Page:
An international team of astronomers has found a system of seven potentially habitable planets orbiting a star 39 light years away three of which could have water on their surfaces raising the possibility they could host life. Using ground and space telescopes, the team identified the planets as they passed in front of the ultracool dwarf star known as TRAPPIST-1. The star is around eight per cent of the mass of the Sun and is no bigger than Jupiter.
The Magellanic Clouds, the two largest satellite galaxies of the Milky Way, appear to be connected by a bridge stretching across 43,000 light years, according to an international team of astronomers led by researchers from the University of Cambridge. The discovery is reported in the journal Monthly Notices of the Royal Astronomical Society (MNRAS) and is based on the Galactic stellar census being conducted by the European Space Observatory, Gaia.
The first results from the Gaia satellite, which is completing an unprecedented census of more than one billion stars in the Milky Way, are being released today to astronomers and the public.
The discovery of two massive holes punched through a stream of stars could help answer questions about the nature of dark matter, the mysterious substance holding galaxies together.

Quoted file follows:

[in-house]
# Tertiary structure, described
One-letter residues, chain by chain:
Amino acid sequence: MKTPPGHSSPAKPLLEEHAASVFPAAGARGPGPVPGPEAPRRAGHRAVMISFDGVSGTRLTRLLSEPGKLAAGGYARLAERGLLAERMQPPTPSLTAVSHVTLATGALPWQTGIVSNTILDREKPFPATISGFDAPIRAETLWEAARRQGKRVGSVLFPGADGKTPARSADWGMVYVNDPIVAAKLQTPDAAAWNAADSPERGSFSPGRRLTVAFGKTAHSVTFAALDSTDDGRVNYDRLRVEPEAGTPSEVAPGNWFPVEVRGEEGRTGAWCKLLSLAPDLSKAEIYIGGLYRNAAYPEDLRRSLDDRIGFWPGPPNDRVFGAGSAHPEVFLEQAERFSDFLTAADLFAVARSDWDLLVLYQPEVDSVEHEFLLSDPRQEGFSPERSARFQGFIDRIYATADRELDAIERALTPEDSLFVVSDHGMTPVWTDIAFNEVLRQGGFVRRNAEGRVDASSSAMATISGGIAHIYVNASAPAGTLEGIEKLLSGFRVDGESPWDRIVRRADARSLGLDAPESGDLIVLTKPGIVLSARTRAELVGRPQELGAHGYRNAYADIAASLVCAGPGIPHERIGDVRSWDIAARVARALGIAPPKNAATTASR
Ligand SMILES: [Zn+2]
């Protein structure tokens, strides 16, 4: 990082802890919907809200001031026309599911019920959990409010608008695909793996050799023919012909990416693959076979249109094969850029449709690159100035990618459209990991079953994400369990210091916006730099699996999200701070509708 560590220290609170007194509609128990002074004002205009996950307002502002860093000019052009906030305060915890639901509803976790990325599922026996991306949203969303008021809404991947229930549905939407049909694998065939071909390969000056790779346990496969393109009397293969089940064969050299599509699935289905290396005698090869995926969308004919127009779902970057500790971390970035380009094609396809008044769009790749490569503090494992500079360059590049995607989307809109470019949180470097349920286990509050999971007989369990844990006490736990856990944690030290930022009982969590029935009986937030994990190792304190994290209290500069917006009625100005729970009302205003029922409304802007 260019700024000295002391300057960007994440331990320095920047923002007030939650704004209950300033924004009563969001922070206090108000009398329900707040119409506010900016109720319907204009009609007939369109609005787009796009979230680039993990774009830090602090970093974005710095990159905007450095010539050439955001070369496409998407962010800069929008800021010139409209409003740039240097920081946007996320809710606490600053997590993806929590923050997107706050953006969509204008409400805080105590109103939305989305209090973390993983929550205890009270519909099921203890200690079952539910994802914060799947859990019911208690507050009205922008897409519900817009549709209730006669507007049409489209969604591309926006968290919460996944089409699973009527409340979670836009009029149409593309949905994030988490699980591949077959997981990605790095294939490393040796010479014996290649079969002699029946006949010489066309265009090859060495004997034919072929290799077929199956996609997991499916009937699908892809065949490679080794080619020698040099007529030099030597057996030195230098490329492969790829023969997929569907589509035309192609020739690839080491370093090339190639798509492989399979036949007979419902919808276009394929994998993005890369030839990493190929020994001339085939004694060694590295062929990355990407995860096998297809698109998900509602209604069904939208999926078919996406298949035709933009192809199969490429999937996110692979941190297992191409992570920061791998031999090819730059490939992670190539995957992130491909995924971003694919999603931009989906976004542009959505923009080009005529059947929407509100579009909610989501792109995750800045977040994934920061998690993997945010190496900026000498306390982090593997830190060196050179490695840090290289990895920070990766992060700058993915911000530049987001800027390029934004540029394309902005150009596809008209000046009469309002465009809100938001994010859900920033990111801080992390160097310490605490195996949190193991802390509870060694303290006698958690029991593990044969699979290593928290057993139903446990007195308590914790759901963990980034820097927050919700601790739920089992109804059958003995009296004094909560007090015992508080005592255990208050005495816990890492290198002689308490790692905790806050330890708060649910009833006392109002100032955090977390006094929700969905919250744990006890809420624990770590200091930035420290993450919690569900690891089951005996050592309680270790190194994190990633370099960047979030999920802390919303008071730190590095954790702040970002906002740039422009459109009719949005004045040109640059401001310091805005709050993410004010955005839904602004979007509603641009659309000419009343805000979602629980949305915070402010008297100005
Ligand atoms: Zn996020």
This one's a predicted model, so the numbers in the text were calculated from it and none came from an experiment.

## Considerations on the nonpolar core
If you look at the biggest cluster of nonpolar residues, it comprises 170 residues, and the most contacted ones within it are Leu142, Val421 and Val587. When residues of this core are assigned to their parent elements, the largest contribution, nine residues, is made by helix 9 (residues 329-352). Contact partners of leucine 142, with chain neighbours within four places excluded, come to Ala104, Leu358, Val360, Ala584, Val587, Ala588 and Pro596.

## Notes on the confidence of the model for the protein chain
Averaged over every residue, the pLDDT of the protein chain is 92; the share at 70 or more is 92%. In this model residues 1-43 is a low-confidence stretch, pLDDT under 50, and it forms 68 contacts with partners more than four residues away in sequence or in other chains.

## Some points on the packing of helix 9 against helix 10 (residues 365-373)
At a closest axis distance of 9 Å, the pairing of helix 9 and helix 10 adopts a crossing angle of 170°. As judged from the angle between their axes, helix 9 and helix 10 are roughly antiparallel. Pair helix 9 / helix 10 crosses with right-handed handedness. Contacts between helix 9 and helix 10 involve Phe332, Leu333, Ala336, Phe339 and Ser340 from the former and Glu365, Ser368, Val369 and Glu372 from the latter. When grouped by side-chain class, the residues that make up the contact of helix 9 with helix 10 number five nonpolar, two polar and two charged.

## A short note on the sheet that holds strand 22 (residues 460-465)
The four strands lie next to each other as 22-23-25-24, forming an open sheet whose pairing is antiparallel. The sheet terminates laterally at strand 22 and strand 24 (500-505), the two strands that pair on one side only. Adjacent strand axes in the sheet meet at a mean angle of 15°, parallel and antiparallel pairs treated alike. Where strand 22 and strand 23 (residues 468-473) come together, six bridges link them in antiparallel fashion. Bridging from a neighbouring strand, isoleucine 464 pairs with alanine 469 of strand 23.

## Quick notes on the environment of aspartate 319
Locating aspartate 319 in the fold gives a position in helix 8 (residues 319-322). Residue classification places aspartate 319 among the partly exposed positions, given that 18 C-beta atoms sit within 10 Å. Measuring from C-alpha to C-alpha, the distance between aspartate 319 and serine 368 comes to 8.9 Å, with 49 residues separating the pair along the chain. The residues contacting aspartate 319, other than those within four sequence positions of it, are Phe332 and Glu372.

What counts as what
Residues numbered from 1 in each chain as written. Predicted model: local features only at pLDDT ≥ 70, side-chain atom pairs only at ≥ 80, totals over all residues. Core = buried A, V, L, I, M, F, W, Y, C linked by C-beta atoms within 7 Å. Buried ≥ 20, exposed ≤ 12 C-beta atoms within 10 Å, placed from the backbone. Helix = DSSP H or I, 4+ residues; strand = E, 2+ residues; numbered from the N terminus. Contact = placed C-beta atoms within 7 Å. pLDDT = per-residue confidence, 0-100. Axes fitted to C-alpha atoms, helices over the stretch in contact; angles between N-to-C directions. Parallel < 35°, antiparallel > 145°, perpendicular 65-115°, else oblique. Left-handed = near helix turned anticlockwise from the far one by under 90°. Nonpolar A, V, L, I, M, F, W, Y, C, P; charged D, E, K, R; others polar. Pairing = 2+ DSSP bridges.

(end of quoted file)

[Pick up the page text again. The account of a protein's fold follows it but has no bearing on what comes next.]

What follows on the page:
A young star over 30 times more massive than the Sun could help us understand how the most extreme stars in the Universe are born.
Two Earth-sized exoplanets have become the first rocky worlds to have their atmospheres studied using the Hubble Space Telescope.
With its very first – and last – observation, the Hitomi x-ray observatory has discovered that the gas in the Perseus cluster of galaxies is much less turbulent than expected, despite being home to NGC 1275, a highly energetic active galaxy.
Black holes are the most powerful gravitational force in the Universe. So what could cause them to be kicked out of their host galaxies? Cambridge researchers have developed a method for detecting elusive ‘black hole kicks.’
An international team of astronomers have detected glowing oxygen in a distant galaxy seen just 700 million years after the Big Bang. This is the most distant galaxy in which oxygen has ever been unambiguously detected, and it is most likely being ionised by powerful radiation from young giant stars. This galaxy could be an example of one type of source responsible for cosmic reionisation in the early history of the Universe.